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Marshall Zhu
Feb 27, 2022
In General Philosophy Forum
Dear members of the Abbey Philosophy Club and this online community: As the international tension grows, Russia's invasion of Ukraine becomes a disaster for the millions of Ukrainian people who inhibit in that country. People should shift their focus from the useless daily political trivial talks to some actual actions that would save lives. The suffering of the Ukrainian people should not become anyone's materials for their "unique" political view on the international politics so they can brag about some perspectives they heard online to their friends. It drives me nuts when people pretend to "care" about the situation when they in fact did nothing but abusing their pathetic nationalistic affections and opinions on the whole situation, instead of actually doing something for the people. Hypocrisy! But it is not yet too late to start to care about the Ukrainian civilians, the people, now! No matter what your political tendency or personal political opinion is, the Ukrainian civilians who are involved in the war are innocent people just like you and me. They are now facing serious dangers and turbulence. THEY NEED HELP! If you are capable of donating any savings that you have or any humanitarian aid to the war zone in Ukraine, PLEASE do so! If not, please inform the people around you to spread influence! Any help would potentially save a life. Link of the International Rescue Committee down below: https://www.rescue.org/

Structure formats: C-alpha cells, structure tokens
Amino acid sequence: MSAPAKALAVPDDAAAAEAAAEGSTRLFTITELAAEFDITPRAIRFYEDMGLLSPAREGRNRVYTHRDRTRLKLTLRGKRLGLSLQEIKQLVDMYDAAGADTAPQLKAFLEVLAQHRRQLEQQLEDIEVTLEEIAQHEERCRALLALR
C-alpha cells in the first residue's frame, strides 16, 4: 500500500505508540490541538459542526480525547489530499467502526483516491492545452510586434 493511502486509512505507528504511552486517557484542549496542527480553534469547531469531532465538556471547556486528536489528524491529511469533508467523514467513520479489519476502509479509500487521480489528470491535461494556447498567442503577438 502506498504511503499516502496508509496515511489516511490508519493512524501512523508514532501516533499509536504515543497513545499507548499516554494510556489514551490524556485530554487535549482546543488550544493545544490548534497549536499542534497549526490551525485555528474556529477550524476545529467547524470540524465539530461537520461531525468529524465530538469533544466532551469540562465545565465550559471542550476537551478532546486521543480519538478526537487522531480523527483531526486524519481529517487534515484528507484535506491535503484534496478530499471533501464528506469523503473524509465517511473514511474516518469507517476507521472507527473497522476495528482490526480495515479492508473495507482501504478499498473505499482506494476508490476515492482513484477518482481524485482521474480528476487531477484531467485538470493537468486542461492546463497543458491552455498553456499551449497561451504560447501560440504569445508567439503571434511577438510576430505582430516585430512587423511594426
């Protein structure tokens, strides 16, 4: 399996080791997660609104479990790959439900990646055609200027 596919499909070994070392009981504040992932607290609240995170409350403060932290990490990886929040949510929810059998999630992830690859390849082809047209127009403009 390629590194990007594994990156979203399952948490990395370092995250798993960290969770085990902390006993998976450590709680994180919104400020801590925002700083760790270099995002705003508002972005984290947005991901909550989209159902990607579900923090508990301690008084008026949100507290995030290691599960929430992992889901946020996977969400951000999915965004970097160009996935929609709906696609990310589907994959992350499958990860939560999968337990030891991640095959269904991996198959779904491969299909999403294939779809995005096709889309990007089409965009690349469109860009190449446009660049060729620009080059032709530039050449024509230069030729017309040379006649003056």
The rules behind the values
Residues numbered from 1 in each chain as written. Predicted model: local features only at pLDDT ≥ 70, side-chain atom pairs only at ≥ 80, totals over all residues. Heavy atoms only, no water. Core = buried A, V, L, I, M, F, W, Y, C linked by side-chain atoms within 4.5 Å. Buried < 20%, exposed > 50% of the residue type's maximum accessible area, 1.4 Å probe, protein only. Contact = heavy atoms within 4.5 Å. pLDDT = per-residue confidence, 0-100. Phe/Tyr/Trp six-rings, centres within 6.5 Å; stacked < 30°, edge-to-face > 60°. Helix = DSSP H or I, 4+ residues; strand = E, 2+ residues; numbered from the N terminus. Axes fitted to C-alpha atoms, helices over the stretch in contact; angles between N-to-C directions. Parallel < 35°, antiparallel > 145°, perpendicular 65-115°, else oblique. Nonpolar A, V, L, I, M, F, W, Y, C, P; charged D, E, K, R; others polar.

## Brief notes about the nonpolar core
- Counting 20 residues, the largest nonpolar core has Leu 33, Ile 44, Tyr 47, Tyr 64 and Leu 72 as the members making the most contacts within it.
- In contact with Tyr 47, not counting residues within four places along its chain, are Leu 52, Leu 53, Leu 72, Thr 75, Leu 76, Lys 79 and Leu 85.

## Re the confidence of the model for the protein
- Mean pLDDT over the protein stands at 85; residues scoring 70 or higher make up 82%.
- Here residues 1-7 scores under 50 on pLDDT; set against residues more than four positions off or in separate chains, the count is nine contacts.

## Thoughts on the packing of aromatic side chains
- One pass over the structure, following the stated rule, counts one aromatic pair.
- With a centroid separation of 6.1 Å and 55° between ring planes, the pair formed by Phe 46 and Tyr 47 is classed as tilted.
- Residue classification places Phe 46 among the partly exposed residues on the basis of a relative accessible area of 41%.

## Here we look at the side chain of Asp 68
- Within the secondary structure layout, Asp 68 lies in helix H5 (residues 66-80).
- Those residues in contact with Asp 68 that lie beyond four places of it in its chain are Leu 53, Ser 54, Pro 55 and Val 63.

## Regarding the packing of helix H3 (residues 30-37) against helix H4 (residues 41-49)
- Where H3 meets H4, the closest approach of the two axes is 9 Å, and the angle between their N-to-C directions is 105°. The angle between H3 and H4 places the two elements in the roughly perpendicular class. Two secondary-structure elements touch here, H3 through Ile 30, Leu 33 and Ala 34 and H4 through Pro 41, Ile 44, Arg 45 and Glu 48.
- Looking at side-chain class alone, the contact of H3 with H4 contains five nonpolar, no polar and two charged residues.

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Marshall Zhu
Feb 21, 2022
In General Philosophy Forum